Stimulant drugs increase your brain activity. By doing that, it helps to increase your alertness and energy levels. Some signs of misuse include:
- Weight loss
- Dilated pupils
- Rapid heart rate
- Vision changes
- Appetite suppression
- Personality or behavior changes
Sometimes known as “speed,” amphetamine is a CNS stimulant. It’s commonly used to treat Attention deficit hyperactivity disorder (ADHD) and narcolepsy (a sleep disorder). Medications that contain amphetamine are frequently misused for their energizing effects.
Adderall is a medication that contains amphetamine and dextroamphetamine. It is often used by people who tend to be sleep-deprived such as truck drivers, college students, shift workers, and people who work on deadlines. A University of Michigan study in 2012 reported 9% of college students misusing Adderall. Additional signs of amphetamine misuse also may include increased energy and alertness, increase in body temperature, raised blood pressure, rapid breathing.
Like Adderall, methylphenidate is a stimulant that affects your central nervous system. It is commonly sold under the brand name Ritalin. It also increases the amount of dopamine in the brain, which also helps improve attention. And also like Adderall, it is used to treat ADHD and narcolepsy. And like other stimulants, it can be addictive.
One of the reasons that Ritalin and other prescription stimulants are so misused is their availability. The DEA reported that more than 13 million prescriptions for methylphenidate were filled in 2012.
What Is Prescription Drug Misuse?
Misuse of a prescription drug means:
- Taking medication in a manner or dose other than what was prescribed.
- Taking someone else’s prescription, even if for a legitimate reason such as pain.
- Taking medication for the single purpose to get high or feel euphoria.
The term “nonmedical use” of prescription drugs also refers to these types of misuse. There can be serious consequences for prescription drug misuse. Increases in misuse are seen in:
- Increased visits to emergency rooms
- Overdose deaths related to prescription drugs
- Admission to treatment programs for prescription drug use disorders
Overdose deaths that involved prescription opioids were five times higher in 2016 than in 1999.
Common Signs of Prescription Drug Addiction
- Stealing, forging, or selling prescriptions
- Taking higher doses than prescribed
- Extreme mood swings or hostility
- Decrease or increase in sleep
- Poor decision-making
- The appearance of being high, unusually energetic, or sedated
- Continually “losing” prescriptions or requesting early refills so more prescriptions must be written.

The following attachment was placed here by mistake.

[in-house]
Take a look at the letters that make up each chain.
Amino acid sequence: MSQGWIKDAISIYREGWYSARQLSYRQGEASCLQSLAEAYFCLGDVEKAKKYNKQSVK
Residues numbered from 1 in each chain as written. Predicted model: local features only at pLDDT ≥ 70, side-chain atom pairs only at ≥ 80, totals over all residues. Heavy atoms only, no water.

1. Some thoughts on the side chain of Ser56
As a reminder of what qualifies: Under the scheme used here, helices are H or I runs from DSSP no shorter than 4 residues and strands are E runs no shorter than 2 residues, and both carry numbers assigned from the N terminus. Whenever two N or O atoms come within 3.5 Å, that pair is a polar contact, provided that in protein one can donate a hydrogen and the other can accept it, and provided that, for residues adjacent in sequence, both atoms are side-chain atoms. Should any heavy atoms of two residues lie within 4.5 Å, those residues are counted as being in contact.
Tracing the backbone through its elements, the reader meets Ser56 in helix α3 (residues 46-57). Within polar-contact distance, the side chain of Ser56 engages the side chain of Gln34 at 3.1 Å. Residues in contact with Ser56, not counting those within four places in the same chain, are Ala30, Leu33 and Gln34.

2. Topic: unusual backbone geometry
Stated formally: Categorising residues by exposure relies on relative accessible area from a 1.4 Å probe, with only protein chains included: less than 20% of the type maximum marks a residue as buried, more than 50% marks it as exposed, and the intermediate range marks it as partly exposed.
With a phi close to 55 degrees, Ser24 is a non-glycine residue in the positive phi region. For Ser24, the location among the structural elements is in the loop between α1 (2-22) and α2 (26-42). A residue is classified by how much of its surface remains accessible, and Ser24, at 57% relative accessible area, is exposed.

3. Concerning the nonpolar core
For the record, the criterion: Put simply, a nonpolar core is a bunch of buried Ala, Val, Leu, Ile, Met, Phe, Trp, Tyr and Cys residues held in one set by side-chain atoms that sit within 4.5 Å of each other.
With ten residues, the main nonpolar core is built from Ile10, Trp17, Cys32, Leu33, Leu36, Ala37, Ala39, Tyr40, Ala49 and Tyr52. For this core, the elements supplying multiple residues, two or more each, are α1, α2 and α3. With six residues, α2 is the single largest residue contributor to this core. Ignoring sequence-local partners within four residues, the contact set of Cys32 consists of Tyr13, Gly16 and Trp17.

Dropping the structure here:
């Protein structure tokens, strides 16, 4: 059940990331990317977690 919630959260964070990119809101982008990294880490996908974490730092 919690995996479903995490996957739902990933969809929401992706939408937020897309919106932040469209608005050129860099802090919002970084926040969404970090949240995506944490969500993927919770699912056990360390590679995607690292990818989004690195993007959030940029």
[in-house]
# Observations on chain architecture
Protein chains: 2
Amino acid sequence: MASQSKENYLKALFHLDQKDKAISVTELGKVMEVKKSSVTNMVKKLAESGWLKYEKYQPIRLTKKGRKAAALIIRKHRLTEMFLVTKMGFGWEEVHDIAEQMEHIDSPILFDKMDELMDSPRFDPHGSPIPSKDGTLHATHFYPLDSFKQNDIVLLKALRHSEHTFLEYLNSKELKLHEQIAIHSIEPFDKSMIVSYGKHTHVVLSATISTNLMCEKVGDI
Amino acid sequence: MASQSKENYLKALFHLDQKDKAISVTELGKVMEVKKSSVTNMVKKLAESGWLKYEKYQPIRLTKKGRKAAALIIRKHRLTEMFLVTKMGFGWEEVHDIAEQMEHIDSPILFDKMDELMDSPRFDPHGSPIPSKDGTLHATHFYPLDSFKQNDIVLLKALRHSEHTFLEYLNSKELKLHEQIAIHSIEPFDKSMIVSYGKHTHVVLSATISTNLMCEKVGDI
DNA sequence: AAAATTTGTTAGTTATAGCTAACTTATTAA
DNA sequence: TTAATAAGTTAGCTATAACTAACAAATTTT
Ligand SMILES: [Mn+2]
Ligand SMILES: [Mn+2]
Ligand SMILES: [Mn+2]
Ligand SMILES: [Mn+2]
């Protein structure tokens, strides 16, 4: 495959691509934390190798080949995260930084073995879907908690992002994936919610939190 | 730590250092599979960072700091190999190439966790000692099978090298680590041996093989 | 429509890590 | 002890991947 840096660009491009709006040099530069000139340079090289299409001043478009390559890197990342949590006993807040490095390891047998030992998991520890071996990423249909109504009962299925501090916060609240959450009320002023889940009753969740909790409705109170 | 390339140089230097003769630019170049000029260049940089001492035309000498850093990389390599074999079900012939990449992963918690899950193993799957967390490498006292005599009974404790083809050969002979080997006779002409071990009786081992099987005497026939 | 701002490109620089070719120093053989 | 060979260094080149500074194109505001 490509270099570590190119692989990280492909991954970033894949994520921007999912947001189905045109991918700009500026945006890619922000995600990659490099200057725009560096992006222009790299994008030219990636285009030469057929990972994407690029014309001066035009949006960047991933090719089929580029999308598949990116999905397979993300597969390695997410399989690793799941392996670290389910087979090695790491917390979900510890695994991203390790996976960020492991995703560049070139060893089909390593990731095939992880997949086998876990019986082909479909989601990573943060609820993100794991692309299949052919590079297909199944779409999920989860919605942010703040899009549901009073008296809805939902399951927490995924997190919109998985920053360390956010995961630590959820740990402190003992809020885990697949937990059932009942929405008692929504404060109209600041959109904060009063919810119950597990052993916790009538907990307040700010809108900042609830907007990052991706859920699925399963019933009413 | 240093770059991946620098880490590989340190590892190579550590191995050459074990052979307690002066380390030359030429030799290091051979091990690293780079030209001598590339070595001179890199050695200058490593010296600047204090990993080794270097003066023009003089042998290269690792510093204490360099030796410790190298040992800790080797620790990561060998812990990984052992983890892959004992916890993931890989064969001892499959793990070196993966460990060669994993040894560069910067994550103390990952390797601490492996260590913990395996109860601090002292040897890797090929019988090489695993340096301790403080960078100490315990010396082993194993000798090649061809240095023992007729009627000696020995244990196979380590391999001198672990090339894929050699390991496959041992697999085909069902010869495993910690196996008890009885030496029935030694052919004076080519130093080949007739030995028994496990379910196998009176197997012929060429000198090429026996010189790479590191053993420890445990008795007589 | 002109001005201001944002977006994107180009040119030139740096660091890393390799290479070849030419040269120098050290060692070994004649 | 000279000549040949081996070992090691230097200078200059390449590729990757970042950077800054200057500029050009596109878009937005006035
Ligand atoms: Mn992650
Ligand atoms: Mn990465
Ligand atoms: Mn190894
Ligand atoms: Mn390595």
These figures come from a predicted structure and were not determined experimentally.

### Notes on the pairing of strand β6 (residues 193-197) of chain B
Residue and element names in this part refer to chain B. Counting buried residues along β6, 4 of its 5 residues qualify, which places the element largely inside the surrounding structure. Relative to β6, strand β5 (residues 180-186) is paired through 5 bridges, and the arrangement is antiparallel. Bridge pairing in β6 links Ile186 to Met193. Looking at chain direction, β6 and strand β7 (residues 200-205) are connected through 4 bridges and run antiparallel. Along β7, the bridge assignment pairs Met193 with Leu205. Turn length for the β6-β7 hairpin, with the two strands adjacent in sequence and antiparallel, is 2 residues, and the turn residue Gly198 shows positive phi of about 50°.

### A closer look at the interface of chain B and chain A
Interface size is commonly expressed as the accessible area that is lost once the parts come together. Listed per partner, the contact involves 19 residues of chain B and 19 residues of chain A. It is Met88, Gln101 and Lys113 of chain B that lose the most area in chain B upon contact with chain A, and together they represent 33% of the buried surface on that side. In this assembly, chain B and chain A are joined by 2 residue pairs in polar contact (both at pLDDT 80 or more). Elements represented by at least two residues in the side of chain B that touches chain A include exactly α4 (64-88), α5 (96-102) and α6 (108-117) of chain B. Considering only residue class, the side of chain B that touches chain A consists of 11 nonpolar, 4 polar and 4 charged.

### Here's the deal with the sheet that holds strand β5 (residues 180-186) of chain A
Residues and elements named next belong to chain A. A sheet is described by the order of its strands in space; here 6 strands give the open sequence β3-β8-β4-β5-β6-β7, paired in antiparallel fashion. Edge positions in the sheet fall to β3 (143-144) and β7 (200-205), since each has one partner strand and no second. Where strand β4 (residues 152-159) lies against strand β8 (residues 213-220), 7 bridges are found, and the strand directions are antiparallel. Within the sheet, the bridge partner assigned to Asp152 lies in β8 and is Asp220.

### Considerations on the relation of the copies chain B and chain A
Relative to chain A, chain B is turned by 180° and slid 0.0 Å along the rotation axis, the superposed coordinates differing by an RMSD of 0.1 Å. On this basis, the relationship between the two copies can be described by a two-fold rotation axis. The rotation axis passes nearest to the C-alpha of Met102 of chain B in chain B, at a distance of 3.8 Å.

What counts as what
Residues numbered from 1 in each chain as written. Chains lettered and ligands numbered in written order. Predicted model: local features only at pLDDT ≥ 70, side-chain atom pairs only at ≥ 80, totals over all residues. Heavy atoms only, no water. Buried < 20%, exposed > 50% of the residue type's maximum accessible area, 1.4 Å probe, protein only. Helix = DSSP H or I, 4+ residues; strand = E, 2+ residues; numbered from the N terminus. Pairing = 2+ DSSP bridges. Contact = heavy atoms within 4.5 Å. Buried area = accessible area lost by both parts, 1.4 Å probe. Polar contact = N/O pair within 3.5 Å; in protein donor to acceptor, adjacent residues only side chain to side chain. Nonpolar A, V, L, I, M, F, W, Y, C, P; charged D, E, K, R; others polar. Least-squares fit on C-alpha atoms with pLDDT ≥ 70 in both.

- Getting prescriptions from more than one doctor.
Long-Term Effects of Prescription Drug Abuse
The long-term effects of prescription drug abuse vary depending on the type of drug a person uses. If a person is abusing opioid painkiller prescription drugs, the individual may experience the following symptoms and issues:
- Dependence and addiction. Your body adjusts to the presence of the drug
- Withdrawal symptoms start when you reduce or stop using the drug
- Tolerance occurs, which means long-term users must use larger or more frequent doses to achieve the euphoric effect.
- Low levels of testosterone, lower sex drive
- Reduced energy and strength
An individual who is abusing depressant drugs may experience the following effects as a result of prolonged use and abuse:
- Severe CNS depression, which can lead to delirium or coma
- Substance use disorder (SUD) which takes the form of addiction
- Tolerance can also develop with these drugs.
- Individuals addicted to CNS depressants should not try to stop taking them on their own. Withdrawal symptoms can be severe and possibly life-threatening.
Long-term stimulant drug abuse can lead to the following problems:
- Brain damage
- Malnutrition and weight loss
- Liver, kidney, and lung damage
- Damage to blood vessels of the heart and brain
- SUD can take the form of addiction in severe cases
- High blood pressure can cause heart attacks, strokes, and death
Withdrawal Symptoms From Prescription Drug Use
Individuals addicted to opioids usually develop withdrawal symptoms when they stop using them. Those symptoms may include:
- Runny nose
- Difficulty sleeping
- Excessive sweating
- Digestive problems
- Cravings for the drug